December 8, 2022 By Glenn Mangurian
I know this is a busy time of year for you. I hope you, Mrs. Claus and the elves are safe and healthy at the North Pole. Last year I wrote to you and asked if you could bring some healing to those adults among us in need. There are people struggling with personal challenges and deeply concerned with the state of affairs in our country, the world and even our communities. Many problems seem to persist and feel intractable. Some are new. One person’s solution often creates another person’s problem.
The holiday season focuses on happiness and gratitude yet there are some in our communities who feel isolated, fearful, anxious and even helpless because of their circumstances. These negative feelings can be overwhelming and amplified during this season while others are celebrating with family and expressing gratitude for their blessings. Depression during the winter and holidays is a very real thing.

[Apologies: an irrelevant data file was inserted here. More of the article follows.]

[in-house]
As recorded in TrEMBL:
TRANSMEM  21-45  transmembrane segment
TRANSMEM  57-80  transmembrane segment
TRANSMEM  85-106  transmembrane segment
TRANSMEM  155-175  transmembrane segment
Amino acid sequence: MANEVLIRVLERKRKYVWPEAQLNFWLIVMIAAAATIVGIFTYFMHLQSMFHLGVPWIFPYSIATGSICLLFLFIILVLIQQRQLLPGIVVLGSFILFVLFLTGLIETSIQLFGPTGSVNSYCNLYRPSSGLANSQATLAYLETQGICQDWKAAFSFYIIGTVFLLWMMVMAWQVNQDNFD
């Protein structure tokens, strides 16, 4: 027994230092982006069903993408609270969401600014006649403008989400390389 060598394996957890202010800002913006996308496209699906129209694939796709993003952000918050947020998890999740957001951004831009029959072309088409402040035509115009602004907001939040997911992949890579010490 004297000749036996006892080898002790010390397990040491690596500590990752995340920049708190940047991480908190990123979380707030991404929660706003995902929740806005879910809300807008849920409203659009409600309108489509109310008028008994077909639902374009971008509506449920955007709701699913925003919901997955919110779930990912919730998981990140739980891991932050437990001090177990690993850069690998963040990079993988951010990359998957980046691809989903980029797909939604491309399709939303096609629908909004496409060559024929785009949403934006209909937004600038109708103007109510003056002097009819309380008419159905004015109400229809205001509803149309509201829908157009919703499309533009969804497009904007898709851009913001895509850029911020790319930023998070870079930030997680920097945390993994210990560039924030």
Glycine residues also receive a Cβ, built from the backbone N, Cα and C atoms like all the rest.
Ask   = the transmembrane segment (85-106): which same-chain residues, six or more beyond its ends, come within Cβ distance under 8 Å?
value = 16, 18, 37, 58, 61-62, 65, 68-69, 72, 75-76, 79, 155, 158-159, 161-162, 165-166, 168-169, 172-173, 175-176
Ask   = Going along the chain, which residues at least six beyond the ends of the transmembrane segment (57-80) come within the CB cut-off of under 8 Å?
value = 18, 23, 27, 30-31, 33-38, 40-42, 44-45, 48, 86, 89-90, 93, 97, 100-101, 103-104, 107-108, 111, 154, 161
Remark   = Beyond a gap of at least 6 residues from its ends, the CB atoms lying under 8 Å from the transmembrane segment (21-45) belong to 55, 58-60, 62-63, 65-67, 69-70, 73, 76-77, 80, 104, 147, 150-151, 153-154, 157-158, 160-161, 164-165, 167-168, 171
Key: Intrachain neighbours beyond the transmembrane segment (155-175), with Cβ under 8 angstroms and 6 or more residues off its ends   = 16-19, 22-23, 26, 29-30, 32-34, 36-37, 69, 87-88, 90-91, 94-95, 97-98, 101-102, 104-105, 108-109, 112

I am reminded of the wisdom of Adam Grant, an organizational psychologist at UPenn. He reflected: “In hard times, people don’t want to be told to look on the bright side. They want to know you’re on their side. The best way to support others is not to cheer them up. It’s to show up.”
While you are out delivering gifts to the children, would you bring some non-material things to the adults? I’ve assembled a short list of things we could really use.
- Empathy and Compassion for those who are challenged financially, physically or emotionally,
- Kindness for our neighbors, family members, colleagues and friends who would appreciate a
concerned person to “show up” for them,
- Hope for those who wonder if tomorrow might be a little better than today.
The holiday season is about caring for other people. You may have a friend or neighbor who feels vulnerable during this season. Reach out and let them know that you care and that they are not alone. Listen with compassion and empathy. The spirit of giving lives in the hearts of everyone who does something selfless for another person. It takes a village to care for its villagers in need. That’s who each of us can be.